Attached Files:

    Last edited: Oct 6, 2017
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  12. Charley Fortnum

    Charley Fortnum Dreaming of Red Eagles

    I've been in one of them. The guide told me that westerners were too big (read: fat) to get inside, but I proved him wrong--just.

    'Claustrophobic' does not adequately convey the size.
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  13. Charley Fortnum

    Charley Fortnum Dreaming of Red Eagles

    And while we're on tne topic, there is a superb and very moving documentary called Last Days in Vietnam (2014) on Netflix. As you can probably guess, it's about the Fall of Saigon and the minor heroics and tragic decisions taken in the dying days of the war.

    Thoroughly recommended--in part because the lessons learnt by the world then still resound today.
    Margaret Ann likes this.
  14. toki2

    toki2 Junior Member

    Alas lessons learnt are soon forgotten with new kids on the block who think they are infallible.
    canuck likes this.
  15. Margaret Ann

    Margaret Ann Junior Member

    I watched the whole series of Ken Burns' Vietnam and learned a lot. What we were never told about that incident, wherein a Vietcong was shot in the head and killed, was that he had butchered the entire family of a high ranking South Vietnamese. I meet a lot of Vietnam veterans here in Michigan and they usually seem willing to talk about their experiences. Lots of 60's popular music played during the TV episodes as well. Vietnam vets made The Marmalade's song "Reflections of My Life" their own.
    canuck likes this.
  16. canuck

    canuck Closed Account

    Margaret Ann,
    There are many iconic songs that make me think immediately of Vietnam. None more so than Fortunate Son and Paint it Black, at least for me.
    Just across the river from you, here in Ontario, the Vietnam years were a completely different experience. I only knew one American veteran and he was dodging the call the do a second tour (wounds and all). All the other young Americans were draft dodgers living here in Canada until they could go back without facing charges. I probably met at least 20-25 of the estimated 40,000 who were here. I worked with several and they had interesting stories to tell.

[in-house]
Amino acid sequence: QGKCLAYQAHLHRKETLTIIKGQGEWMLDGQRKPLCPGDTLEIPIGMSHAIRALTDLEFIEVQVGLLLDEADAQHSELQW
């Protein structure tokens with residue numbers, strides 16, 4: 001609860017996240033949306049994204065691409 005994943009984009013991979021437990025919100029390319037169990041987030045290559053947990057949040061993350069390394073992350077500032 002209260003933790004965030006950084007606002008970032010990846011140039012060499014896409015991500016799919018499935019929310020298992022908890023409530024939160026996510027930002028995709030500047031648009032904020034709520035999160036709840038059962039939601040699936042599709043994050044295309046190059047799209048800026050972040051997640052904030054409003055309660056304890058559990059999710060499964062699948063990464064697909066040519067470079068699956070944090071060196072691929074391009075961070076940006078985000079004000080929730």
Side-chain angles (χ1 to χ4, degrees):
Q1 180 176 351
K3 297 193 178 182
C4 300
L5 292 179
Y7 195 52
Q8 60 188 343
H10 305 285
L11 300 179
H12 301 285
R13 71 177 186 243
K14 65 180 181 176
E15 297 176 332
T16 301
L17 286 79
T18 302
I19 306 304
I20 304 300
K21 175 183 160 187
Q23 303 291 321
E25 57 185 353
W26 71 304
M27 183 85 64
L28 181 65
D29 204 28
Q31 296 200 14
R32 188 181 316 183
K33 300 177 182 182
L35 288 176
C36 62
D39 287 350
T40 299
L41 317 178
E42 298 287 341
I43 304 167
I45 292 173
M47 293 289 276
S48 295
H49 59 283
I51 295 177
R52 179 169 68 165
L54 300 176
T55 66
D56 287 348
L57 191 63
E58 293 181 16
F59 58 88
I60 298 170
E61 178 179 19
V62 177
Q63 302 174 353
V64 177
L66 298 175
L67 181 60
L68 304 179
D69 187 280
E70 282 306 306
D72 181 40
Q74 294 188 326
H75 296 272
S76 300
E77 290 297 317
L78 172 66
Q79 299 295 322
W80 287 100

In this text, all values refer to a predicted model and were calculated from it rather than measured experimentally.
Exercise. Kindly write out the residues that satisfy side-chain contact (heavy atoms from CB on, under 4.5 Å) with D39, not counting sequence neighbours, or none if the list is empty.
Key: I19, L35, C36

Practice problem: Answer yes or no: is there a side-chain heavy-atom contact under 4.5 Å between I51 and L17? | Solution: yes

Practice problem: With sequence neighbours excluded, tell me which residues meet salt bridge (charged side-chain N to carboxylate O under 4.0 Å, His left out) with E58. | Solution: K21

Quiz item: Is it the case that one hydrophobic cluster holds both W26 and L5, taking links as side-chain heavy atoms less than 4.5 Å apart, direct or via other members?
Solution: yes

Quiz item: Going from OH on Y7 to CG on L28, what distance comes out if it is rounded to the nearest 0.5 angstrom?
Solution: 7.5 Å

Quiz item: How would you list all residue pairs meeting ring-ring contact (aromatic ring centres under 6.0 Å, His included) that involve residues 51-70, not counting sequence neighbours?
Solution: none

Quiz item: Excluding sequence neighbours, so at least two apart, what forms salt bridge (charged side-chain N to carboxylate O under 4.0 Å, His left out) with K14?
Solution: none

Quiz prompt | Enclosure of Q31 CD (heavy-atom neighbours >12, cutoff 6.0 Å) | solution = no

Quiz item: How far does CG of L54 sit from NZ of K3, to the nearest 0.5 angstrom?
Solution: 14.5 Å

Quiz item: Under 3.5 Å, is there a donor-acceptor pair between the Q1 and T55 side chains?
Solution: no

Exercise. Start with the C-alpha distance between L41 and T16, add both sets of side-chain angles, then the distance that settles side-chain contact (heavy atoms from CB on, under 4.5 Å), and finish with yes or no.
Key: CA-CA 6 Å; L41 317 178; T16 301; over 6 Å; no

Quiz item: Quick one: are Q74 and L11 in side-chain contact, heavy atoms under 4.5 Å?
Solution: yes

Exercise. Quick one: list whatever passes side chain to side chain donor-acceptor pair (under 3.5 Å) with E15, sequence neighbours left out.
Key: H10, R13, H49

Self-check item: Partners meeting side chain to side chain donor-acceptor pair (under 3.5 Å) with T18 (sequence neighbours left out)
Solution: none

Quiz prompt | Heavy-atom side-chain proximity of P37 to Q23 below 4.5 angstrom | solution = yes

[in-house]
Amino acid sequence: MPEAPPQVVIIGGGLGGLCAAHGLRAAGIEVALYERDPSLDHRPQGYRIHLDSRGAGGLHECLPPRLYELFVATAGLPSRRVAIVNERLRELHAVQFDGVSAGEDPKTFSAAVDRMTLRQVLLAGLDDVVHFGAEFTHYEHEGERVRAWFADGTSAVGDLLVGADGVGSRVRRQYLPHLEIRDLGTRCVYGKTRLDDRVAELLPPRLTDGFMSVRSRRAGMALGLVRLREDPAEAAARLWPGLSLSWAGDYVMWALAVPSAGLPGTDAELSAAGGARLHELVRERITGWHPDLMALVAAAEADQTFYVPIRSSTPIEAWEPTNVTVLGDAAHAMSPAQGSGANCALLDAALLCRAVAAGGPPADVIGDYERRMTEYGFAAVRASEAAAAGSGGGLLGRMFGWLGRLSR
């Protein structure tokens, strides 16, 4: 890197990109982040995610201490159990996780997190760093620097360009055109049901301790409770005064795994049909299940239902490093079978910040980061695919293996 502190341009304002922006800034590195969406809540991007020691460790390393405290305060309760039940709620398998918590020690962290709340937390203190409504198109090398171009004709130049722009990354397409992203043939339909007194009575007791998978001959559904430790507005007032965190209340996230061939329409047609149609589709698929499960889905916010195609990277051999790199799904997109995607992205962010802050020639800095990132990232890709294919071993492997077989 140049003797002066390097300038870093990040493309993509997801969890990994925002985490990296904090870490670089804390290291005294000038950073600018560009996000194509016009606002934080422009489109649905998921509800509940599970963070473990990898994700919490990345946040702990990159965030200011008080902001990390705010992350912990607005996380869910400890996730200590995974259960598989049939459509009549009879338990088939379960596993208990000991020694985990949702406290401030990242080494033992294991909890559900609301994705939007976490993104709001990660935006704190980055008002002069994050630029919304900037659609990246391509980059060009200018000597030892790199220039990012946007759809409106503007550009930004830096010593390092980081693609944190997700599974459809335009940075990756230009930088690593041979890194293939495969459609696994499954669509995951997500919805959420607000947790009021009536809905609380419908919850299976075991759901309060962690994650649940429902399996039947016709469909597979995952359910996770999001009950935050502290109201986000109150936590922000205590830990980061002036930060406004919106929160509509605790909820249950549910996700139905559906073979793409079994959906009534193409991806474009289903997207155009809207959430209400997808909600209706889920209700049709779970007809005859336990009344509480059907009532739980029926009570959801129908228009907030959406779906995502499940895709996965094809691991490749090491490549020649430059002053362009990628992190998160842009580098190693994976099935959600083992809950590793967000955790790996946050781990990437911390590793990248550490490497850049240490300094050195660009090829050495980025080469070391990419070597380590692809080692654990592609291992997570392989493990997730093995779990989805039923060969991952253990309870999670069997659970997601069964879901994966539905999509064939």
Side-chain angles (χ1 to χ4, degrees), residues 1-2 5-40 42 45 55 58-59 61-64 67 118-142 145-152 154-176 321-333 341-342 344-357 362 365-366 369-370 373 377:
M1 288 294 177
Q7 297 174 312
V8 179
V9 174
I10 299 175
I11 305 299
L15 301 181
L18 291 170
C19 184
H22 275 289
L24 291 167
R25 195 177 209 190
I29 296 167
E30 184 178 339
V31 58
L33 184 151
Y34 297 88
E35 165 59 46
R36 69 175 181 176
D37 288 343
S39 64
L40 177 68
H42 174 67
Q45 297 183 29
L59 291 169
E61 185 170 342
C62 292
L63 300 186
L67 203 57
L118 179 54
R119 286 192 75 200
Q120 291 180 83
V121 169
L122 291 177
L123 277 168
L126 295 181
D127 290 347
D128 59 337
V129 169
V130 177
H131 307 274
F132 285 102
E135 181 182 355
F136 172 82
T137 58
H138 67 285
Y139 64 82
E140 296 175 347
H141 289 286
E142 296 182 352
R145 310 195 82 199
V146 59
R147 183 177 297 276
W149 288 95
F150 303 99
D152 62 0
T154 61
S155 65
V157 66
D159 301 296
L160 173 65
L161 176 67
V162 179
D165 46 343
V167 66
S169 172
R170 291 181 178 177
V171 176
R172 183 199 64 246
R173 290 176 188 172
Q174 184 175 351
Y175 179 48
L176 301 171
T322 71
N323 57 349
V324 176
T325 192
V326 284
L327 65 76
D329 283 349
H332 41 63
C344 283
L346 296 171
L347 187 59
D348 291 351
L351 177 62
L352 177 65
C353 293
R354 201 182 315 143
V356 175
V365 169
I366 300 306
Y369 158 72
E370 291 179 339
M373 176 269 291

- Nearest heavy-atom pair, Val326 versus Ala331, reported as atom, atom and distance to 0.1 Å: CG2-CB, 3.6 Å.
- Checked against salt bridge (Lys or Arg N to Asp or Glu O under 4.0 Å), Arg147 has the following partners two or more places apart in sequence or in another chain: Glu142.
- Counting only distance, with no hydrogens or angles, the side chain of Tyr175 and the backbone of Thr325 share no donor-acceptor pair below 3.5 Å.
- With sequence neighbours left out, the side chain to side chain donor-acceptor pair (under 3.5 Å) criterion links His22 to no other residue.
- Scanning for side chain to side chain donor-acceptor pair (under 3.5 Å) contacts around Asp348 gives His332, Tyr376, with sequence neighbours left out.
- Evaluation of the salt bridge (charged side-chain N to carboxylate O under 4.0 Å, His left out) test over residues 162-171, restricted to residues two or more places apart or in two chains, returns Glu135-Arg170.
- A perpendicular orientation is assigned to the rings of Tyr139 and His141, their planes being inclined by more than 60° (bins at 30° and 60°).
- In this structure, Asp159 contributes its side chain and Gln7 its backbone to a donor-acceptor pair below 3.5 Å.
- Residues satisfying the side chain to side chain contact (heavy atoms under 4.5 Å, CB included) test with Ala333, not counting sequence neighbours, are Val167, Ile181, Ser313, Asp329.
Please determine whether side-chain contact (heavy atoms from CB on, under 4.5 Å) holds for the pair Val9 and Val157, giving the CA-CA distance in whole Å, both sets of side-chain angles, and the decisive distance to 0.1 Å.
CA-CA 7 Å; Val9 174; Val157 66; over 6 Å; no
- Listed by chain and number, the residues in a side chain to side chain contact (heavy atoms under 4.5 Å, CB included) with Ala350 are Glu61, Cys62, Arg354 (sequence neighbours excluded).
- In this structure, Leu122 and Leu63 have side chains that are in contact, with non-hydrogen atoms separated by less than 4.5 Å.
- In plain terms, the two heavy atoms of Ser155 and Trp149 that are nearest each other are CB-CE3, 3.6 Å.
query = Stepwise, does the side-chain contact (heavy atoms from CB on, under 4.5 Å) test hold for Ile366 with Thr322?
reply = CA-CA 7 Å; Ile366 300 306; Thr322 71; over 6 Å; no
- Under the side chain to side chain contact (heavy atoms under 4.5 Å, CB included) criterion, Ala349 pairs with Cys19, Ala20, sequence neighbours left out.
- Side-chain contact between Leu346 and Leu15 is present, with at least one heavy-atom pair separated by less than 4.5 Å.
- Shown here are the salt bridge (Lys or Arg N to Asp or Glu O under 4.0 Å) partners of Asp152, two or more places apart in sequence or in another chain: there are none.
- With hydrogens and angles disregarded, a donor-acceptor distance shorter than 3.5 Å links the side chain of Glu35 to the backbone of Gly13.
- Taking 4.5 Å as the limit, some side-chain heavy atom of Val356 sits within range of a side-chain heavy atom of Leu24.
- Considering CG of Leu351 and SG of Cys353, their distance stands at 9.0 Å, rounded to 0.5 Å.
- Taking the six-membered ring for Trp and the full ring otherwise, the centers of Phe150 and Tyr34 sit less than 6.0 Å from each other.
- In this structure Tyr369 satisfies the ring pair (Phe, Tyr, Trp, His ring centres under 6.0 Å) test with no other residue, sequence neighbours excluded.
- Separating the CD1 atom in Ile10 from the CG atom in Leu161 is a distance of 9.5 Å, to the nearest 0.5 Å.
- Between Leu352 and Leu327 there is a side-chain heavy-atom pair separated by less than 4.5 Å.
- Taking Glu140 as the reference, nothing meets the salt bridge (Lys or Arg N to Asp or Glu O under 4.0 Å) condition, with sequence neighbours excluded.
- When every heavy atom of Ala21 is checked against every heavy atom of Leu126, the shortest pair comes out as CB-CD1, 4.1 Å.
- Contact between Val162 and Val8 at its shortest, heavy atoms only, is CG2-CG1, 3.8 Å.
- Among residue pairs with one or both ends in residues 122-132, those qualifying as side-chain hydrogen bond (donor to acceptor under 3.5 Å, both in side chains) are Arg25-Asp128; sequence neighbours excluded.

As it turned it, most of them stayed. By the time there was an amnesty in place they had lived here many years, were married, had kids or still resented the U.S. government.
    Margaret Ann likes this.
  17. toki2

    toki2 Junior Member

    I had a fleeting correspondence with an American soldier in Saigon after an appeal at my school to write and befriend. Over the years I have wondered if he survived. I will never forget the horror of seeing on tv the Vietcong captive being shot in the head. I suppose he was lucky in comparison to the suffering of others.
  18. Margaret Ann

    Margaret Ann Junior Member

    I believe the man who shot the Vietcong made his way to America and opened a restaurant.
  19. Margaret Ann

    Margaret Ann Junior Member

    I never had an opinion, one way or another, of the men who went to Canada or Sweden. I was a young woman living in London, England, during the late 1960's. I currently have an army son stationed in northern Virginia and he took me to the Vietnam War Memorial in DC at my request. What were some of the interesting stories the draft dodgers told you?
  20. canuck

    canuck Closed Account

    The most interesting was from the man (cannot recall his name as it was over 40 yrs ago) who had served in Vietnam around 1967-1968 and lifted his shirt to display 3 distinct bullet wounds in the abdomen. Caused by a diminutive Viet Cong who ambushed him on a trail with an AK-47. Each fired simultaneously but the one round from the American was a fatal head shot.
    The rest simply recounted their journeys to Canada and most wanted to explain their opposition to the war. A common thread, as I recall, was how divisive their refusal to fight was within their families. I believe a few of them were permanently estranged, especially when military service was part of the family history. Time could have healed those wounds but it was the mid to late seventies when I met most of these guys.